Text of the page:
Daily Life in Medieval Europe

By Jeffrey L. Singman | Go to book overview

Appendix B: Recipes

The following recipes come from texts ranging from the late eleventh to early fourteenth centuries. In each case, the translated original is followed by a modern adaptation. The principal sources for this period are:

Hieatt, Constance B., and Robin F. Jones. “Two Anglo-Norman Culinary Collections Edited from British Library Manuscripts Additional 32085 and Royal 12.C.xii.” Speculum 61 (1986):859-82. Two early recipe collections from England, written in French, with translations by the editors. The one used here dates to the late thirteenth century.
Lozinski, Grégoire. La bataille de caresme et charnage. Bibliothèque de l'Ecole des Hautes Etudes 262 (Paris: Champion, 1933), 181-87. A collection of French recipes from the early fourteenth century.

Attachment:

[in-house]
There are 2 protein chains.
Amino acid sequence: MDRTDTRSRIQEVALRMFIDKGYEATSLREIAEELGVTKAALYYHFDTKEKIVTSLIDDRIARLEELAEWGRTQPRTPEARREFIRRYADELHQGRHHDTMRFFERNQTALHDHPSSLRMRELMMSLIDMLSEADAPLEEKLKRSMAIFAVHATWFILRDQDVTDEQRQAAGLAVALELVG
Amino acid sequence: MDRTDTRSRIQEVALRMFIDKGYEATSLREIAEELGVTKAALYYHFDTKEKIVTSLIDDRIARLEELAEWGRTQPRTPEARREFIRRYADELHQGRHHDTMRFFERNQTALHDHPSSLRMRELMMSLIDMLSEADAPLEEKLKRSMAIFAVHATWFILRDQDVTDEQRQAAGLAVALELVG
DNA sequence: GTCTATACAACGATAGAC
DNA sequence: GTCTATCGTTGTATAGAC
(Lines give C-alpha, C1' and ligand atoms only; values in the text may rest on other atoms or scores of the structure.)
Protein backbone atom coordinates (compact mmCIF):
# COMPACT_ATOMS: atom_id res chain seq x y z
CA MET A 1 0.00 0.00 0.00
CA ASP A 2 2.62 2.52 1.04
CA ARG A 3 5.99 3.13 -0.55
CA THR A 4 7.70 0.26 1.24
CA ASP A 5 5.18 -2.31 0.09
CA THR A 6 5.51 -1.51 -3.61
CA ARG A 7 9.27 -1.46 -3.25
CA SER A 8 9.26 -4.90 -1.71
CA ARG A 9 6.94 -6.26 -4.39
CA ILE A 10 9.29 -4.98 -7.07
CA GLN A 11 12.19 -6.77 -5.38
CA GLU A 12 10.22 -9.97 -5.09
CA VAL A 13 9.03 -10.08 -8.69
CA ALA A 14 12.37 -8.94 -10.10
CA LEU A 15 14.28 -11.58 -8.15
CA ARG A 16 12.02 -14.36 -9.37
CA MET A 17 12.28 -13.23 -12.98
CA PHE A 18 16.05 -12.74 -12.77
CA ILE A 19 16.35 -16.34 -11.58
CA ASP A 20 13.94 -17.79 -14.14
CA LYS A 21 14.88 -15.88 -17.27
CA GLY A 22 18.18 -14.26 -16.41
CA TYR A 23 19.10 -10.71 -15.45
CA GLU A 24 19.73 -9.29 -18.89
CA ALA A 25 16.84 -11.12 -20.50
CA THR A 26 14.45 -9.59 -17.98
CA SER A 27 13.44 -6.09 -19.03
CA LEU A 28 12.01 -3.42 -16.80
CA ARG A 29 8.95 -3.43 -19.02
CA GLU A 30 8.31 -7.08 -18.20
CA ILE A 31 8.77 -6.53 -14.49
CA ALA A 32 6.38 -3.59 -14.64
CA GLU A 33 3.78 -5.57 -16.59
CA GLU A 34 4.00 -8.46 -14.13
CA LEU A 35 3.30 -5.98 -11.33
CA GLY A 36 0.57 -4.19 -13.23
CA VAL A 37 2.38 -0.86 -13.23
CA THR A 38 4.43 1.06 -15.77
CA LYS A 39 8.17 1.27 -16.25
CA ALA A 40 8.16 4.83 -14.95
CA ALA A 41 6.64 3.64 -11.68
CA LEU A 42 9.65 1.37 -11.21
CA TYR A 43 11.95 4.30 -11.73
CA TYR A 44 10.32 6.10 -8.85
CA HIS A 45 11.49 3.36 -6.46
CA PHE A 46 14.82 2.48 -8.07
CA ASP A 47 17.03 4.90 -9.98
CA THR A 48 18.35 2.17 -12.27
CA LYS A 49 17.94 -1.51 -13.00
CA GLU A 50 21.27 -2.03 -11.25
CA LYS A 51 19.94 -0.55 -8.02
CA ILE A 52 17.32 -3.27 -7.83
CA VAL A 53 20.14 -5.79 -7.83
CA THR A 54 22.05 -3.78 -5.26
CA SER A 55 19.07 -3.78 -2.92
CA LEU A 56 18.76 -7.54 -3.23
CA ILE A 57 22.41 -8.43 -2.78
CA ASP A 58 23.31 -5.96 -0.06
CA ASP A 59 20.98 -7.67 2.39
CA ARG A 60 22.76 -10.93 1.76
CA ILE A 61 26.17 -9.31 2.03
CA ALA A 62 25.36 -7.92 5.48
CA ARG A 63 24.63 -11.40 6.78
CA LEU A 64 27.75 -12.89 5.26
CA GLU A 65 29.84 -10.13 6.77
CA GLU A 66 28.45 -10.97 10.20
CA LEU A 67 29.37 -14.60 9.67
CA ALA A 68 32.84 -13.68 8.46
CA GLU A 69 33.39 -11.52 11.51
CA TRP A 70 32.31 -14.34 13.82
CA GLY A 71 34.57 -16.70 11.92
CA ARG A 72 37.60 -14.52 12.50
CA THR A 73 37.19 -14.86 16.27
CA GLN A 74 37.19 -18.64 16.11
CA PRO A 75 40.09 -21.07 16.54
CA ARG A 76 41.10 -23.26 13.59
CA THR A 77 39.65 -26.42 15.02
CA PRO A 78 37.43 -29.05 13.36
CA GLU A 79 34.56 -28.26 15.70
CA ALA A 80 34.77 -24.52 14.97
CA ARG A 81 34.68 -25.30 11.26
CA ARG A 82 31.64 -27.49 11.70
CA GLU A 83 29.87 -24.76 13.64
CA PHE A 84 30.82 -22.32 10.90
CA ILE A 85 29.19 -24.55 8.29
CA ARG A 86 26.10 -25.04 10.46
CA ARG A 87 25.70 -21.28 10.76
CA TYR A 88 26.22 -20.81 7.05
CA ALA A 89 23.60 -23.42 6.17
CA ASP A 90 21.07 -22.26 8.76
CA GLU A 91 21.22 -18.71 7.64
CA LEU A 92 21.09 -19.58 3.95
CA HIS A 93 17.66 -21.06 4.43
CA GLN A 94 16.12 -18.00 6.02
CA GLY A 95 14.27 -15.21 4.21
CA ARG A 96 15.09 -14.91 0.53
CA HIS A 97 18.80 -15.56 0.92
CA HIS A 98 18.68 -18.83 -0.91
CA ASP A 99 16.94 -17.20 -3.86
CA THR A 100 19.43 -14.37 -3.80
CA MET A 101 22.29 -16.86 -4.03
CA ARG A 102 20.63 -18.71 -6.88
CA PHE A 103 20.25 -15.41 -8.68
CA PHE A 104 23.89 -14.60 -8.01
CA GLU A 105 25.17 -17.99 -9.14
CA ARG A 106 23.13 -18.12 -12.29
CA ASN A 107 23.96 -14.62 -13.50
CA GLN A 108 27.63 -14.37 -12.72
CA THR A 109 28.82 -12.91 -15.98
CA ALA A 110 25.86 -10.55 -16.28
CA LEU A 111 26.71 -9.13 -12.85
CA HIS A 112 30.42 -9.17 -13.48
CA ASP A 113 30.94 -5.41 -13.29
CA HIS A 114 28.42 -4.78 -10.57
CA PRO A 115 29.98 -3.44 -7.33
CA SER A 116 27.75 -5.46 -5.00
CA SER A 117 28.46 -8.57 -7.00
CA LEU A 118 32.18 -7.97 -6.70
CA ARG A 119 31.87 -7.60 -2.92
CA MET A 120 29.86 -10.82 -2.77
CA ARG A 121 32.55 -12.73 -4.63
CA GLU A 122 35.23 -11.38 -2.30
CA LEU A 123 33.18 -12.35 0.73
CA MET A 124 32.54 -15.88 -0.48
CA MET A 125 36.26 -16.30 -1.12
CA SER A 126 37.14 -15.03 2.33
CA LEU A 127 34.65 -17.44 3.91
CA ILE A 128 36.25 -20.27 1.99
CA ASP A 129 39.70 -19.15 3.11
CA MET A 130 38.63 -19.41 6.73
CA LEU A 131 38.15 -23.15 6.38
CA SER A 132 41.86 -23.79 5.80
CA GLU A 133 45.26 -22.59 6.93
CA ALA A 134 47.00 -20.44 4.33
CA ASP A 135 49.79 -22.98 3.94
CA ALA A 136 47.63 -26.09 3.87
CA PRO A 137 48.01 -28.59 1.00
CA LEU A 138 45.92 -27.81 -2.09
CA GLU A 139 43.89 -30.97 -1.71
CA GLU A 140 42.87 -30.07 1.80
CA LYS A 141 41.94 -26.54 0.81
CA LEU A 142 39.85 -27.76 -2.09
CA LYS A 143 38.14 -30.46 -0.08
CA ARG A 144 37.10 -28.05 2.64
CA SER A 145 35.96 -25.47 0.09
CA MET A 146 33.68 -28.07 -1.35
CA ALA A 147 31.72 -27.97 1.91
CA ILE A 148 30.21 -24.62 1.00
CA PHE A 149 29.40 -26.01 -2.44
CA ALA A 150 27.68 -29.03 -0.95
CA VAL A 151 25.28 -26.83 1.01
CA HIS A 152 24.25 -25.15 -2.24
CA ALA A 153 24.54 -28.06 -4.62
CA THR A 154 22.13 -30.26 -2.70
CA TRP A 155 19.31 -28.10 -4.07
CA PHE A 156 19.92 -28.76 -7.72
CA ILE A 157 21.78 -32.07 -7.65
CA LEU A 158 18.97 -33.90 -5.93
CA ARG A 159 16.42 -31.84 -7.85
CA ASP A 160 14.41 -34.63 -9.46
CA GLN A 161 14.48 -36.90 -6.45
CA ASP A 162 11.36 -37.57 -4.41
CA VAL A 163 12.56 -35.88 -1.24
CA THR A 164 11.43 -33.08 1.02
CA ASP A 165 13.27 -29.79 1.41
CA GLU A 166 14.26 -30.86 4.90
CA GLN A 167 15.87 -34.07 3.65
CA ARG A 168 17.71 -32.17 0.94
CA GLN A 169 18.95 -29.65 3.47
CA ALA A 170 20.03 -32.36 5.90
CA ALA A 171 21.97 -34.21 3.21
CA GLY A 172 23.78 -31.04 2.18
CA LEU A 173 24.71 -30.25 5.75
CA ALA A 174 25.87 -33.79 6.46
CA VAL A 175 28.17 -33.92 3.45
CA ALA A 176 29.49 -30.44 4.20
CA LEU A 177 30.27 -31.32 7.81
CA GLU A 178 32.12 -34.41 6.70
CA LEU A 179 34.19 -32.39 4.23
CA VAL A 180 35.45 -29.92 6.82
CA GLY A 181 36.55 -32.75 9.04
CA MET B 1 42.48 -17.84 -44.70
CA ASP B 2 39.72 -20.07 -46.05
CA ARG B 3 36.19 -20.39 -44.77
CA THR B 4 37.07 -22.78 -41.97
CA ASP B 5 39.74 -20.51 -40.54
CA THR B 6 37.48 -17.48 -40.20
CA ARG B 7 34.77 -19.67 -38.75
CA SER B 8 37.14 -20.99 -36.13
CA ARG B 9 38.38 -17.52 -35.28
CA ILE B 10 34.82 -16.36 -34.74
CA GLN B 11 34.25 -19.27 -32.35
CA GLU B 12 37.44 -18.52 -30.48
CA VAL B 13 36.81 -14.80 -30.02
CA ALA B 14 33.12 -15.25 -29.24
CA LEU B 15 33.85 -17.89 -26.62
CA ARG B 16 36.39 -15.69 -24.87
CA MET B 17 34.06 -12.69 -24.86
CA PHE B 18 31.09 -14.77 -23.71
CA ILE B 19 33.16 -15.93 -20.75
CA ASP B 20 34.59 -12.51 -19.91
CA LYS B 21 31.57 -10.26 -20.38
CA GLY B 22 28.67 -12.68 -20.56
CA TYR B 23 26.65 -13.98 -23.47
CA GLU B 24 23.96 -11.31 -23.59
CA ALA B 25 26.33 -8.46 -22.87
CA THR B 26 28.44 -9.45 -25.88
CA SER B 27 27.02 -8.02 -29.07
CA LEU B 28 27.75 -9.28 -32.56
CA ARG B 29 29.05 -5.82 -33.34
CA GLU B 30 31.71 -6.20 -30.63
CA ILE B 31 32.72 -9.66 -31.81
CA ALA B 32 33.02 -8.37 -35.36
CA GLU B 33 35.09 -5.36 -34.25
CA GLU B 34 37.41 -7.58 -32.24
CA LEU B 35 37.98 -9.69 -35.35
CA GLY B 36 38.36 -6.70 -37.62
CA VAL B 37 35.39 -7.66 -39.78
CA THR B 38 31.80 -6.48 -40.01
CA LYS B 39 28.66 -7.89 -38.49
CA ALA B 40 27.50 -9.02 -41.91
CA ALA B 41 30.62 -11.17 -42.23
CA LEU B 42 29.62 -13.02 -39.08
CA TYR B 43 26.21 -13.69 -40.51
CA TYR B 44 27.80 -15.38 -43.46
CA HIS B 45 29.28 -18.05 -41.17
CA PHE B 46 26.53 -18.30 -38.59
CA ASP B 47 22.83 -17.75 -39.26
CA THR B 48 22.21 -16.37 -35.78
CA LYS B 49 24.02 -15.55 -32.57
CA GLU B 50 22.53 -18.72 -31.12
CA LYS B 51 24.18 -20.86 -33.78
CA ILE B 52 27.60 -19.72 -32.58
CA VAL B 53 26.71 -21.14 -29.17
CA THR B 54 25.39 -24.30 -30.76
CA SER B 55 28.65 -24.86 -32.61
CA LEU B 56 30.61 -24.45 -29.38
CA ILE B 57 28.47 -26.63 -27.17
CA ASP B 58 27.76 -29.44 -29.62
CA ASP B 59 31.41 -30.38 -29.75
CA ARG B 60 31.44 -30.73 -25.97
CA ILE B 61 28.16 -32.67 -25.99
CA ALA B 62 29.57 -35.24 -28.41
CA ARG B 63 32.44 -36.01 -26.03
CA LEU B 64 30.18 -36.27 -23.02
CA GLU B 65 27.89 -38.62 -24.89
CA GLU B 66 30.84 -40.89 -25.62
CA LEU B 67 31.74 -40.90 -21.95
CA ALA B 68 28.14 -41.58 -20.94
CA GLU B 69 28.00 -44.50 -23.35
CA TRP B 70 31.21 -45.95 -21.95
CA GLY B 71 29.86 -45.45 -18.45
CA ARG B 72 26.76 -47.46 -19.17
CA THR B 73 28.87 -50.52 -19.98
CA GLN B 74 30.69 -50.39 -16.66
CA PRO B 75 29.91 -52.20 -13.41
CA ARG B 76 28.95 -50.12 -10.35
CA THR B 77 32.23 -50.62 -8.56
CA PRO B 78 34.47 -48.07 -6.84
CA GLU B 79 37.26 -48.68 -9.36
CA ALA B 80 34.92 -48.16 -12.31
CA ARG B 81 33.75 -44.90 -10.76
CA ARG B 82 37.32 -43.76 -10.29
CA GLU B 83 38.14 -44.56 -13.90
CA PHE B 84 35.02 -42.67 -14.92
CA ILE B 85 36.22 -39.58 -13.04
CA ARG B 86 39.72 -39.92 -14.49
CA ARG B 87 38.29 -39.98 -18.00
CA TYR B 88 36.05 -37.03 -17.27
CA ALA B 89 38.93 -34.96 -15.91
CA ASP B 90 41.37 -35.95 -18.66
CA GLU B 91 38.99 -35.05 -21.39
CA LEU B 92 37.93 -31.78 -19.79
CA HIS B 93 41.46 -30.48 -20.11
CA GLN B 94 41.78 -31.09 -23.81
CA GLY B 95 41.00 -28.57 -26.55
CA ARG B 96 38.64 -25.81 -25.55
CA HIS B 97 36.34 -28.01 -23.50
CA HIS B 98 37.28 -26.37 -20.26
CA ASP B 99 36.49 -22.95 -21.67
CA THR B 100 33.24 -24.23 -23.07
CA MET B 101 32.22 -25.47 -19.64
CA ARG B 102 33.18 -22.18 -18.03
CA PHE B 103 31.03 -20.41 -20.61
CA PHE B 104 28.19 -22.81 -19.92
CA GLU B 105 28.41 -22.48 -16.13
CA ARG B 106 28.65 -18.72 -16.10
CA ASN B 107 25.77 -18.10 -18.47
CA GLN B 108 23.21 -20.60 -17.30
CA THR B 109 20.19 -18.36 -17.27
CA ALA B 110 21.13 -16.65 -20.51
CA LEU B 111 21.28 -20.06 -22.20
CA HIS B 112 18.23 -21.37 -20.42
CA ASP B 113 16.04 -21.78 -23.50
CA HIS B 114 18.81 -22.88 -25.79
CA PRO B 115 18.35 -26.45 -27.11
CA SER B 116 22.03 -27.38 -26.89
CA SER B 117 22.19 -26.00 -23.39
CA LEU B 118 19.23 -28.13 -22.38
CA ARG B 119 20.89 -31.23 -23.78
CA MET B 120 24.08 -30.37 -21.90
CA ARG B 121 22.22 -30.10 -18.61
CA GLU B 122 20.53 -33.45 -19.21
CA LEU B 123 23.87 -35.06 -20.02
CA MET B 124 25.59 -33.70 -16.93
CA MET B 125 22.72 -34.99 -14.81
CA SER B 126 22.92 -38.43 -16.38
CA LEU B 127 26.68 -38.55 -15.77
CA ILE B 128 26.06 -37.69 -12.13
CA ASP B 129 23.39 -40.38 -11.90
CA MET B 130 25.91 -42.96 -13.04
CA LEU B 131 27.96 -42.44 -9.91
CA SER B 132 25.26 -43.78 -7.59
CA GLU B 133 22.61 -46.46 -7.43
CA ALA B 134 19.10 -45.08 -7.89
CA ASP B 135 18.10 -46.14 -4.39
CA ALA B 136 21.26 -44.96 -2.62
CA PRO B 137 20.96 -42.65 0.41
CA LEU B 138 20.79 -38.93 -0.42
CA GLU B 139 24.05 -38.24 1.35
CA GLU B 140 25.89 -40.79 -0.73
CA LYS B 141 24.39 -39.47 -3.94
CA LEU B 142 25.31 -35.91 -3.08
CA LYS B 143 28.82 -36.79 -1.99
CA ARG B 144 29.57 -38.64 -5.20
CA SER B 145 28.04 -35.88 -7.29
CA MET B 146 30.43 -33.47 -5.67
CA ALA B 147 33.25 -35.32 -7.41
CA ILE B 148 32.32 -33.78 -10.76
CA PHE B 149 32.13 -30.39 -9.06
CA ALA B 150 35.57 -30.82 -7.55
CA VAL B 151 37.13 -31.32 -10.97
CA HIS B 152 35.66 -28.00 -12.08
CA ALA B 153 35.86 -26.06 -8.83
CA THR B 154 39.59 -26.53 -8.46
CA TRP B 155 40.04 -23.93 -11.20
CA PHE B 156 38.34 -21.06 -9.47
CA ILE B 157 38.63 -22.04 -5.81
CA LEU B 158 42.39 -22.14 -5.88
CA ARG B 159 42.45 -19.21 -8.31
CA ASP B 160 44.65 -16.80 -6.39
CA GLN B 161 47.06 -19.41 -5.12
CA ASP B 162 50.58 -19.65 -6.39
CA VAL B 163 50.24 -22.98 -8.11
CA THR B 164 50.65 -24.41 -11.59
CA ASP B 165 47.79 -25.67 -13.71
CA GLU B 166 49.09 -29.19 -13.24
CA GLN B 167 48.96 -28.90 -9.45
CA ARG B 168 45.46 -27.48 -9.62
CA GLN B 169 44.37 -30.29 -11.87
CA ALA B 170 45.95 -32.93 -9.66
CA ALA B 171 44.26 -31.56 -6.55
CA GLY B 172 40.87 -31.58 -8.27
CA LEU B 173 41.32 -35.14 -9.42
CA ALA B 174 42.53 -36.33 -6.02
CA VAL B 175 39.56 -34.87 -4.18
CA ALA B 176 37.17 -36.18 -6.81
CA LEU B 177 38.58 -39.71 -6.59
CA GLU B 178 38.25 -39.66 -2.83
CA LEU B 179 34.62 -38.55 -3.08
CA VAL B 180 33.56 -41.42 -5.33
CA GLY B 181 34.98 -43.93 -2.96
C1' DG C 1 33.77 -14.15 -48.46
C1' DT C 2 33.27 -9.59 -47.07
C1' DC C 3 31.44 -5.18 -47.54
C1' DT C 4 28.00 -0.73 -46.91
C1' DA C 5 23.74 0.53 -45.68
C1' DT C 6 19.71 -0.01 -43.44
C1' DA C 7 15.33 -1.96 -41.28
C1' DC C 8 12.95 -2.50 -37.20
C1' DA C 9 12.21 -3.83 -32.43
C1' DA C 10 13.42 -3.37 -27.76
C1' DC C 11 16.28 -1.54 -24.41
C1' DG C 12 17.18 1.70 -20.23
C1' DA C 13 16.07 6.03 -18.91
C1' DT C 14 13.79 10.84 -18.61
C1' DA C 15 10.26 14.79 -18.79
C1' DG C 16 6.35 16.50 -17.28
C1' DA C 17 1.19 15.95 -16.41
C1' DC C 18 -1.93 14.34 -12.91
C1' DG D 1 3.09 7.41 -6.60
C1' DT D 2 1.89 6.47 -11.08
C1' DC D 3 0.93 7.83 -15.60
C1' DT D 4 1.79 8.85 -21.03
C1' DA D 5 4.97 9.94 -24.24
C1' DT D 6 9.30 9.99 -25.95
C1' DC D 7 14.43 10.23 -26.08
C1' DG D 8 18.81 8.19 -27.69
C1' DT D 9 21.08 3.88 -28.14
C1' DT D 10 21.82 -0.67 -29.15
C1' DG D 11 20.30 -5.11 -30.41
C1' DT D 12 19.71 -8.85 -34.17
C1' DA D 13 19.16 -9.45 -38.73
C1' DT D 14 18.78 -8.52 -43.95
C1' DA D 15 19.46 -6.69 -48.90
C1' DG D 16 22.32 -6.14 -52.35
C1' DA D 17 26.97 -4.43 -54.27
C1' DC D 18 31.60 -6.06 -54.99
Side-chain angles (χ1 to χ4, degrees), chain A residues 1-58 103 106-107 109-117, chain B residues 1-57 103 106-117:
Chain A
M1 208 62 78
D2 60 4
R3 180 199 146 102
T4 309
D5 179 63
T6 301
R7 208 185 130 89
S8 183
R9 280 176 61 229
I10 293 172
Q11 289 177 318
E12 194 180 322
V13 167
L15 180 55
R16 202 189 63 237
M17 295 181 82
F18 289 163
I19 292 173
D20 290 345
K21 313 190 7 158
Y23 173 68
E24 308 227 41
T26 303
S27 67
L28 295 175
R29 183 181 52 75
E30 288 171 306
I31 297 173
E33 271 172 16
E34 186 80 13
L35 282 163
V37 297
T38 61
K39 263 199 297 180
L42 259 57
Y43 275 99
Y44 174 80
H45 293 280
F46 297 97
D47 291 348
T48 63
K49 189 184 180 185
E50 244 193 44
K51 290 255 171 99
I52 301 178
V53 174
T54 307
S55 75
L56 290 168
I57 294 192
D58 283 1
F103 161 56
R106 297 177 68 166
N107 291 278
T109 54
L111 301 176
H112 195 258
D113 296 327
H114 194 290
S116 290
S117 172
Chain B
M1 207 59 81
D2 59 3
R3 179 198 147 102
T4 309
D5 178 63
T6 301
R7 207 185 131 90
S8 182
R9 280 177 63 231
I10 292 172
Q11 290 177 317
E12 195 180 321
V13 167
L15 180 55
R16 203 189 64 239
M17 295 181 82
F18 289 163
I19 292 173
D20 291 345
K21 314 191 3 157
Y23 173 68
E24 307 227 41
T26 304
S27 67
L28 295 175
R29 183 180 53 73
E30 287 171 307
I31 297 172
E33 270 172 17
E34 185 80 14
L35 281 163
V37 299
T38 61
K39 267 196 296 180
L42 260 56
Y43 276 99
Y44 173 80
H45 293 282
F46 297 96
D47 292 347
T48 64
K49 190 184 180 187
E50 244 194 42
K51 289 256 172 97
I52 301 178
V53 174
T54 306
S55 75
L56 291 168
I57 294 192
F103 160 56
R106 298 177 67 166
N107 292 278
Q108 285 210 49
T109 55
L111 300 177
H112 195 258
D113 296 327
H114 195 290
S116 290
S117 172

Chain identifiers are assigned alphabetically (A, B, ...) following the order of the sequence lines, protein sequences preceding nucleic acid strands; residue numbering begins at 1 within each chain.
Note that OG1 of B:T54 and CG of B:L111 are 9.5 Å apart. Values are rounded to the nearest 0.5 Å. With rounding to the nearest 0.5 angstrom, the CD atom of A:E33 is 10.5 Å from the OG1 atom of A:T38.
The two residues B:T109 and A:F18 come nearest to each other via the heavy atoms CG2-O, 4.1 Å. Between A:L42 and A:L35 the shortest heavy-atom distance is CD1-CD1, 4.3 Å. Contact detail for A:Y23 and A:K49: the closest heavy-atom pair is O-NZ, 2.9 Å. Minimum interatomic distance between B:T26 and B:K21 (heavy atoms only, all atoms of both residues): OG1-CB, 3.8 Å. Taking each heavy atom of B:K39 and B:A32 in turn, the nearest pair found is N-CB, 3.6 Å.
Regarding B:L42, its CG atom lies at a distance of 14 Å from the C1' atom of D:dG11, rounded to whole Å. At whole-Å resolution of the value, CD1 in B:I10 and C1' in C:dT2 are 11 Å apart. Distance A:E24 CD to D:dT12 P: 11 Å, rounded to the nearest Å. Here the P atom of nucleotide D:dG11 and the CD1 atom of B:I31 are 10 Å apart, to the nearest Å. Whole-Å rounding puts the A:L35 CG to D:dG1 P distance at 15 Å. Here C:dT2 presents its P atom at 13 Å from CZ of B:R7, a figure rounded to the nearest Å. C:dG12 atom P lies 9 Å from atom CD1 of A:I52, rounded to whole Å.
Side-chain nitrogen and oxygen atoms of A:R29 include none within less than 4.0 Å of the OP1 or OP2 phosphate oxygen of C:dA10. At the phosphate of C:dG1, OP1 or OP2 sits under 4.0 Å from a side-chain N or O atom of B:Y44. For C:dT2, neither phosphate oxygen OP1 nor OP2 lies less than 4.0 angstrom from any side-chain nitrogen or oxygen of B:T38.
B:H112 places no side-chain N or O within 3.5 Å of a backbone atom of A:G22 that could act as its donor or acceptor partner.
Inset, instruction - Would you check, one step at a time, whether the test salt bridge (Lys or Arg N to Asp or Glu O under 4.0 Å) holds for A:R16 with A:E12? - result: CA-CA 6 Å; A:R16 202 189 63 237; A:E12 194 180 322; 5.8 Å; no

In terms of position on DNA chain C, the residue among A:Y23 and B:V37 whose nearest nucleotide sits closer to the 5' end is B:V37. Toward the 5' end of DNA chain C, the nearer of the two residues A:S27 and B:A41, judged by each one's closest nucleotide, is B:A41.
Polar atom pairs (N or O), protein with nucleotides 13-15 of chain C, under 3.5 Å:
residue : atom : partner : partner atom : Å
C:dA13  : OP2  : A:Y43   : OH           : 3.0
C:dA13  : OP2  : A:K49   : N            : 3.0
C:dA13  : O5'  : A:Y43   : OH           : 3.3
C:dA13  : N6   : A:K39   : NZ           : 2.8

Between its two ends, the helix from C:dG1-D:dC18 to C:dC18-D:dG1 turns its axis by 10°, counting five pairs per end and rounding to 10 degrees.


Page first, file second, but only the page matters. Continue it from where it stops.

Mulon, Marianne. “Deux traités inedits d'art culinaire médiéval.” Bulletin Philologique et Historique 1968:1 (1971):369-435. An early fourteenth century French collection of recipes, written in Latin.
Udalric [Ulrich]. “Antiquiores Consuetudines Cluniacensis Monasterii.” In Patrilogia Latina 149, edited by J.-P. Migne. Paris: Garnier, 1882, cols. 634-778. A late eleventh century monastic custumal from the Burgundy region of France, with substantial details on the running of the monastic kitchen.

Any proper medieval meal should be served with bread (preferably round loaves), with salt available to the diners for seasoning.

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